Flow Batteries and Solar Battery Storage

Flow battery - Redflow

A Redflow Zcell zinc-bromide battery

One of the more recent developments in the solar battery storage space are ‘flow’ batteries; or ‘zinc-bromine flow batteries’ if you want to get technical!

Flow batteries actually describe a number of similar technologies that all fall under the same umbrella, but this page will predominantly discuss the ‘ZCell‘ Zinc-Bromide batteries that were manufactured by the Australian company RedFlow.

Note: as at July 2022, it doesn’t appear the ZCell is still being manufactured.

How Do Flow Batteries Work?

Discussing the science behind flow batteries can get rather technical, so I’ll massively simplify it and relate the explanation to the ZCell.

A ZCell flow battery is mostly made up of a water-based zinc bromide solution that flows between two tanks. When the battery charges, the zinc is extracted from the liquid and stored separately on plates. When discharging, the zinc is put back into the liquid. These processes are called “plating” and “deplating”.

The zinc bromide solution ‘flows’ from the big plastic tank stored in the bottom of the unit to the electrodes at the top (called the “stack”). The following image (right) depicts the ZBM2, which formed the basis of the ZCell (left), showing the flow battery’s tanks and stack.

ZCell and ZB2

Note: on July 7, 2022, Redflow announced the “Gen3” ZBM3 had gone into commercial production, but there was no mention of  ZCell.

One of the major advantages flow batteries have over lithium-ion and lead-acid batteries is that they offer a 100% depth-of-discharge – which means the  battery can be entirely discharged in a cycle with no negative effects on the lifespan of the battery. 

For comparison, lead-acid batteries have a 60% depth-of-discharge, and lithium-ion batteries have around an 80% depth-of-discharge.

There are a number of other benefits that flow batteries offer:

  • They can tolerate extreme weather conditions, up to 50 degrees Celsius.
  • The zinc-bromine liquid inside the flow batteries is a natural fire retardant. 
  • There is no chance of a thermal runaway (explosion!) due to the physical separation of the different battery components.
  • Flow batteries are cheaper to refurbish due to their simple modular construction. For example, you can restore a ‘dead’ battery by simply swapping the electrode – for half of the original price of the battery.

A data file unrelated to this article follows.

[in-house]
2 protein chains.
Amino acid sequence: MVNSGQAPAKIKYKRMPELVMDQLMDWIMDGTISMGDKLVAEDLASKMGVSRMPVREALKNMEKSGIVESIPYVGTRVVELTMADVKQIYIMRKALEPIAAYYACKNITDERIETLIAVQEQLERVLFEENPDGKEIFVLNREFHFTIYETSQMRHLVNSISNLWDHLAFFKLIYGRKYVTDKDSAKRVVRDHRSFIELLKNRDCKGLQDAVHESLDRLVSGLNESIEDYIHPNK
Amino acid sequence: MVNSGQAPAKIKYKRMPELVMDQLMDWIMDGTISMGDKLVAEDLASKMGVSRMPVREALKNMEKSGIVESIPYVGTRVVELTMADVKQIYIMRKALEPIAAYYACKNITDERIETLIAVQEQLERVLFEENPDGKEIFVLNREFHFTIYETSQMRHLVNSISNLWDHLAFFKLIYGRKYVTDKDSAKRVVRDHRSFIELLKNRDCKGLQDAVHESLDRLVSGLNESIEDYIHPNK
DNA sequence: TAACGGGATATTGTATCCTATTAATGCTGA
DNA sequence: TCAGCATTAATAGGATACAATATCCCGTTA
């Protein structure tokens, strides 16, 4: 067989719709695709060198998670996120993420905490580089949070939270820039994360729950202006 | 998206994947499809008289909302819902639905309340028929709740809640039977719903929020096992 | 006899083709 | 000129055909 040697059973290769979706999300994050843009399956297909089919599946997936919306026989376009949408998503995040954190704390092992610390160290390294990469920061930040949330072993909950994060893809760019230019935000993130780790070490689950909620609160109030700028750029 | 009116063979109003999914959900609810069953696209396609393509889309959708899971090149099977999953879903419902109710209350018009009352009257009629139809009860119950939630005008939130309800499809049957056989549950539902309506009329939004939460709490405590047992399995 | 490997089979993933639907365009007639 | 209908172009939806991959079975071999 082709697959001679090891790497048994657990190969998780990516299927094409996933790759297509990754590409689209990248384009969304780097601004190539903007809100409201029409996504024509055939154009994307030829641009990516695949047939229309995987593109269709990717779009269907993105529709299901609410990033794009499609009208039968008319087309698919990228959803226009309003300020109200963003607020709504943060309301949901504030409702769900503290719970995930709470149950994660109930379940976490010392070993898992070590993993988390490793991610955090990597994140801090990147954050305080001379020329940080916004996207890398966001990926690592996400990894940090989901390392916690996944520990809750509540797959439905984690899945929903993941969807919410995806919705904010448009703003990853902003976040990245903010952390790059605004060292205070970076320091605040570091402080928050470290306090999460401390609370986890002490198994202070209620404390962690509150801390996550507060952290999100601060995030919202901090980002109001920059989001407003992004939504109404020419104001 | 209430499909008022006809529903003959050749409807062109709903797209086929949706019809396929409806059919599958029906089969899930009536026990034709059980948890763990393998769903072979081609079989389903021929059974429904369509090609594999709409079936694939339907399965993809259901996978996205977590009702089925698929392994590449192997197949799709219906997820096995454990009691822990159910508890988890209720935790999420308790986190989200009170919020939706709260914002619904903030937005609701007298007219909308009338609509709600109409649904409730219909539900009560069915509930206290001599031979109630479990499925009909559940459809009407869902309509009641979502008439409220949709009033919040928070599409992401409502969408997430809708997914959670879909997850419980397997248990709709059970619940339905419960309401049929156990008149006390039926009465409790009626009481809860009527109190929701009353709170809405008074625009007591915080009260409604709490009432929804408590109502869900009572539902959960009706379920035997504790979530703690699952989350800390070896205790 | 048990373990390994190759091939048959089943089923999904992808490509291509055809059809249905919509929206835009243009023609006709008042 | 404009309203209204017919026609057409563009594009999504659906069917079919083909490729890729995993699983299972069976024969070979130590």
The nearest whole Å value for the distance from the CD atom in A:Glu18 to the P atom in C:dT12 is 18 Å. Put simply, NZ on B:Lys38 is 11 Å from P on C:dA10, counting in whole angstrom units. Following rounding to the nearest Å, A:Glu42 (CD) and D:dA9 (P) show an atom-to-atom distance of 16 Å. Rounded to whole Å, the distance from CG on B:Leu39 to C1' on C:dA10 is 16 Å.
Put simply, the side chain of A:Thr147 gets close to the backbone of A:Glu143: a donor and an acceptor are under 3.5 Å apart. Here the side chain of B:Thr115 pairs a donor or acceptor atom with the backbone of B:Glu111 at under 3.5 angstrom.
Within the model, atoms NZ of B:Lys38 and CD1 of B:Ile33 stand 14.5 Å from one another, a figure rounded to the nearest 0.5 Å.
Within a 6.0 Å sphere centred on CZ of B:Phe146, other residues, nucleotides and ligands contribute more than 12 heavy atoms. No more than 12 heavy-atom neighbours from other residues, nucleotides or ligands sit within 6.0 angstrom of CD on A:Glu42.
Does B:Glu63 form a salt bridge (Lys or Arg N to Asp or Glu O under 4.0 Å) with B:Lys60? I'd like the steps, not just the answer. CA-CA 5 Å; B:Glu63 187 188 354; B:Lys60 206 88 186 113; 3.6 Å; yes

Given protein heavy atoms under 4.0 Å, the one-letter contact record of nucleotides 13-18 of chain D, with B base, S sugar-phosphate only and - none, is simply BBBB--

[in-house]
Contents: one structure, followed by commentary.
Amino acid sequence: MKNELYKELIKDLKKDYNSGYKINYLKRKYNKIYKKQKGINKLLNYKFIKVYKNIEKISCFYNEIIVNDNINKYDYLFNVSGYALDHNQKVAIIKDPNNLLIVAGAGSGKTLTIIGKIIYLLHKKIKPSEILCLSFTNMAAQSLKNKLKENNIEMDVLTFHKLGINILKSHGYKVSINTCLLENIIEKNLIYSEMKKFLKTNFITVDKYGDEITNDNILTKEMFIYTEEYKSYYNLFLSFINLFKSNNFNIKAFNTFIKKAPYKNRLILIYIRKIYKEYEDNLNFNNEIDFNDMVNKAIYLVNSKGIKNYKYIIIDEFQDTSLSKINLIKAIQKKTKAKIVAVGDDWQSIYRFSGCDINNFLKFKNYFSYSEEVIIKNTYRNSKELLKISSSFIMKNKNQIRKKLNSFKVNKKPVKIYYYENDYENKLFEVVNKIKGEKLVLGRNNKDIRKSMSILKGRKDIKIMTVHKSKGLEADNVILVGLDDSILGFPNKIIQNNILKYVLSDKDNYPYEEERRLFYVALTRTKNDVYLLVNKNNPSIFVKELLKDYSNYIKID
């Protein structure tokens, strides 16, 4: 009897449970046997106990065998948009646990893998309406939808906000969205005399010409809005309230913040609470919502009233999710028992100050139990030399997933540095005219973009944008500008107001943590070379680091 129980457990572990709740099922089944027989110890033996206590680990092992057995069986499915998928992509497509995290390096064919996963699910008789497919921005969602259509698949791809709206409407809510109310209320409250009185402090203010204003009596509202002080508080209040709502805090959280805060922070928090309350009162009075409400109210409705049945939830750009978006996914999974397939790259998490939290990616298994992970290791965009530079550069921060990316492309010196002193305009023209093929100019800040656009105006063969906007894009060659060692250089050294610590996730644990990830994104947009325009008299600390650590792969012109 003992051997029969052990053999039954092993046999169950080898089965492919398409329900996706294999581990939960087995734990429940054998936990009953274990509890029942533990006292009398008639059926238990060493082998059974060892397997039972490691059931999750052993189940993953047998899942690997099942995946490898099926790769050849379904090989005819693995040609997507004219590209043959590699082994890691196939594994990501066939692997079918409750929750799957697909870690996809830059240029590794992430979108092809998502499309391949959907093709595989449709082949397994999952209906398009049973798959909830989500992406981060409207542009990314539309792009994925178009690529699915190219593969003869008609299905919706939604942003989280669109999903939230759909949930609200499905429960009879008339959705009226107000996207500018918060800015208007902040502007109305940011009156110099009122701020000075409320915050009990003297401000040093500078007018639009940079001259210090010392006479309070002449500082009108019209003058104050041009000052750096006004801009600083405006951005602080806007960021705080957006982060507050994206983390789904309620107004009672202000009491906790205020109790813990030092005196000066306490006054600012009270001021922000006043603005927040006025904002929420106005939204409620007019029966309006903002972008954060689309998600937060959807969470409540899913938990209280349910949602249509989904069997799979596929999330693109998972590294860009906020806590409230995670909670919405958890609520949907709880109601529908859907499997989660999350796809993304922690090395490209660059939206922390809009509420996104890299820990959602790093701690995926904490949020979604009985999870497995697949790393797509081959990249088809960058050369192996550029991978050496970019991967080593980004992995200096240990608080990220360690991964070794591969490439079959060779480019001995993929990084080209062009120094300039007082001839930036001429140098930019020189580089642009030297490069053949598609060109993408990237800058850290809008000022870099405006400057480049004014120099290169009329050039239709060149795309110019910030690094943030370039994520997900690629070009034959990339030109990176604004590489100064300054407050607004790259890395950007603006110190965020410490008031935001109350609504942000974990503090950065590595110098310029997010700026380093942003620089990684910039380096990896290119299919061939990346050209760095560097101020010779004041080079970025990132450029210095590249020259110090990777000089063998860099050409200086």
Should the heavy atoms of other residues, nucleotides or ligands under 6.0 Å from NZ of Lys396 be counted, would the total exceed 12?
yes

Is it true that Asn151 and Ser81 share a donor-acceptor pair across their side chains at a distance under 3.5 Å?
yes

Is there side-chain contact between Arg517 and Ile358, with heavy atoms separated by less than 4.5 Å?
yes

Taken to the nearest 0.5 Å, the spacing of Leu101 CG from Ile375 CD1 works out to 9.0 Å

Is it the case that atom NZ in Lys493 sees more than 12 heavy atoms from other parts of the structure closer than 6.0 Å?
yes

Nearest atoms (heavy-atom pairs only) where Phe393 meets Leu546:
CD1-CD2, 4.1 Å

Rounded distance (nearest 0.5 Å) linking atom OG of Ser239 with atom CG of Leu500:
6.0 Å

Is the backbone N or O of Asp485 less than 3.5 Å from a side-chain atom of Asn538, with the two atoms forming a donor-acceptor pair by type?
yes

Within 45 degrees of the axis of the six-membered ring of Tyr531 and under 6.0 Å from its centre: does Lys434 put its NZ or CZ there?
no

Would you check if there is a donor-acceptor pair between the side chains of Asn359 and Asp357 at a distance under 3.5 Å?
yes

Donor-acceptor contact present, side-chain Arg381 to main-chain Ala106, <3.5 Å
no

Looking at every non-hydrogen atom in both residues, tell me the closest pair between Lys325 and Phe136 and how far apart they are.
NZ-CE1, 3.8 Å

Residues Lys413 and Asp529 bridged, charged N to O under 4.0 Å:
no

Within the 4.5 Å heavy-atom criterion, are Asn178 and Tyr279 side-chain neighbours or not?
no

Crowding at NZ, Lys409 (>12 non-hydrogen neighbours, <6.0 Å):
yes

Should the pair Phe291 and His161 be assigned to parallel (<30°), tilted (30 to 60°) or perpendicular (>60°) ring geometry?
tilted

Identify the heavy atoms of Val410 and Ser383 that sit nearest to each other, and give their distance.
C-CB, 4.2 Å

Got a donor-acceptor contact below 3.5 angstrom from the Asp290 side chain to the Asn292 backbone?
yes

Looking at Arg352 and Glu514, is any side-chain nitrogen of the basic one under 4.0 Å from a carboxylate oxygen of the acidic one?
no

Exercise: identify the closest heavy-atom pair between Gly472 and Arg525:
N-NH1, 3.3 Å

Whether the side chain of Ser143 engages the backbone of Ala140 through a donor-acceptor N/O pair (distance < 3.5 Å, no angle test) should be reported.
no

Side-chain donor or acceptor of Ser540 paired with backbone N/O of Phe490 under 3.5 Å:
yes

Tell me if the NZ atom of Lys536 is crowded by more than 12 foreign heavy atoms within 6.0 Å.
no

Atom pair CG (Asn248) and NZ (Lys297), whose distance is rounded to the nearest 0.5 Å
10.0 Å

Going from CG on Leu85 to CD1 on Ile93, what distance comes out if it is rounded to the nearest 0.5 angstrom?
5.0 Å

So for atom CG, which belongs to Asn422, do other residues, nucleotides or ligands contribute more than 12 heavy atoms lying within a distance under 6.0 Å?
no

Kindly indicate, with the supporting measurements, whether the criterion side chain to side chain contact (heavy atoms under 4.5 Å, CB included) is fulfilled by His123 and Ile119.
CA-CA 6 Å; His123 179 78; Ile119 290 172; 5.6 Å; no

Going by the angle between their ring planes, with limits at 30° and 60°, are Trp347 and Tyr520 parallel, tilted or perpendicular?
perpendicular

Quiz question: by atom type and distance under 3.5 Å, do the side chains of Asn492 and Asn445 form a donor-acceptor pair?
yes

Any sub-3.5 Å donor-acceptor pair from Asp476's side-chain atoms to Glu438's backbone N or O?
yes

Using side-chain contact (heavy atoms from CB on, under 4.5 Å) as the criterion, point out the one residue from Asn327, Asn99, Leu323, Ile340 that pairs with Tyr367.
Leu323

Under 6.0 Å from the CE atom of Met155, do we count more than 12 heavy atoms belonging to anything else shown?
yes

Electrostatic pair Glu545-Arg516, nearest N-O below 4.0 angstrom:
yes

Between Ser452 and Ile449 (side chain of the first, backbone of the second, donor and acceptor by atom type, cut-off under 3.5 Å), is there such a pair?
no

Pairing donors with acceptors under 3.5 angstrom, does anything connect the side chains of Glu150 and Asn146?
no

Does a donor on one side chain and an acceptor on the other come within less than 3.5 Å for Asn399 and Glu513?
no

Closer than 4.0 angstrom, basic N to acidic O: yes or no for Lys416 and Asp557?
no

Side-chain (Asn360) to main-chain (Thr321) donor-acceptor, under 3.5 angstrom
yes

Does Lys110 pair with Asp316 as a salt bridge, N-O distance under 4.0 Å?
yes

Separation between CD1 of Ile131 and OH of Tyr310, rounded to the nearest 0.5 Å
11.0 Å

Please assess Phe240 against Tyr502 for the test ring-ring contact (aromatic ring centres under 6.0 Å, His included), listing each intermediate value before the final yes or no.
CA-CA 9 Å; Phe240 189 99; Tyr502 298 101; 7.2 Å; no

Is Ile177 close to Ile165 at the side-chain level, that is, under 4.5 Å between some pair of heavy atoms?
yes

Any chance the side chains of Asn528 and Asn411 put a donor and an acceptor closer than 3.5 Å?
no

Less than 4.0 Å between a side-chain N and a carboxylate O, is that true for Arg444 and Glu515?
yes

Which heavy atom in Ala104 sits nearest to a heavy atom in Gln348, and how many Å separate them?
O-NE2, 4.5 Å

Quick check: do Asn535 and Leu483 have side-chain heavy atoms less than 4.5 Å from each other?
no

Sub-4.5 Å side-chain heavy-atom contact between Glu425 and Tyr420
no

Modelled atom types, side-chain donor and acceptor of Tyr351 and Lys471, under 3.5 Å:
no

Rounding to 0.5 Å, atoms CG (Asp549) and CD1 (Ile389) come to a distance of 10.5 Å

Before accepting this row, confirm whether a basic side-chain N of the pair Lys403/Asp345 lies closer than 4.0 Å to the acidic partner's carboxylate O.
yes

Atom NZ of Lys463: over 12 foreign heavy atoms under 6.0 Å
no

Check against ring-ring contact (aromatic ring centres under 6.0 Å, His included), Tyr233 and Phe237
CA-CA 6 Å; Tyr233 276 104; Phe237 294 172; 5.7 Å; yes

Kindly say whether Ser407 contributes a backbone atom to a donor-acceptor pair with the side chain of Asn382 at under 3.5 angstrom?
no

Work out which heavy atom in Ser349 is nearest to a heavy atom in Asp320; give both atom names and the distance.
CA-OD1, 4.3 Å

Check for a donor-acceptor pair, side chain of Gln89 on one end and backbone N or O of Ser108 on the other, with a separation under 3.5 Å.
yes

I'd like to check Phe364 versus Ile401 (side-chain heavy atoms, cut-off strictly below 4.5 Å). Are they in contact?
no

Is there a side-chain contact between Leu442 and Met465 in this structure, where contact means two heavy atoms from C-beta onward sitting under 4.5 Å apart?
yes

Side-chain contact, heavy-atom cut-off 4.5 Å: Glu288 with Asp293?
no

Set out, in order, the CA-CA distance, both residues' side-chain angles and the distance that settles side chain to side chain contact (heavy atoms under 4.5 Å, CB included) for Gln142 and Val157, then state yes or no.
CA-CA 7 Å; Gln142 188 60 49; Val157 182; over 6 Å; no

A disadvantage of the ZCell was its expected life cycle compared to lithium-ion batteries – it had a lifespan of approximately 4000 cycles at 100% depth-of-discharge, which is less than lithium-ion’s 5000-6000 cycles at 80% depth-of-discharge.

How much do flow batteries cost?

The Redflow Zcell (a 10kWh battery) cost around $12,600 AUD, not including inverter or installation. You’d also need a solar system size of at least 5kW to be able to charge your batteries consistently, which cost roughly $5,000 – $6,000. So, a ready-to-go setup would have cost north of $17,600 – $18,600 AUD at the time it was available.

It was a lot of money for the average Australian household to find, even if they were extremely keen on adding solar battery storage to their PV system.

Cost is also still a barrier with widely available lithium-ion home batteries. My recommendation in many situations is to wait for home battery prices to drop before adding one to a home solar power system. But if the economics of a battery aren’t the number one priority for you (people have various reasons for wanting one), you’ve crunched the numbers and you’re OK with those numbers, then go for it!

Discover everything you need to know about buying home batteries here.

The future of the home flow battery 

Flow batteries could *potentially* compete with lithium-ion batteries in the home segment. But first, flow battery manufacturers need to get (and keep) quality products on the market, and costs down to a level reasonable for mass-market adoption.

One other flow battery still in the works for the Australian home grid-connect market is a (comparatively gigantic) vanadium flow battery from VSUN; but we haven’t heard anything about it for quite some time. 

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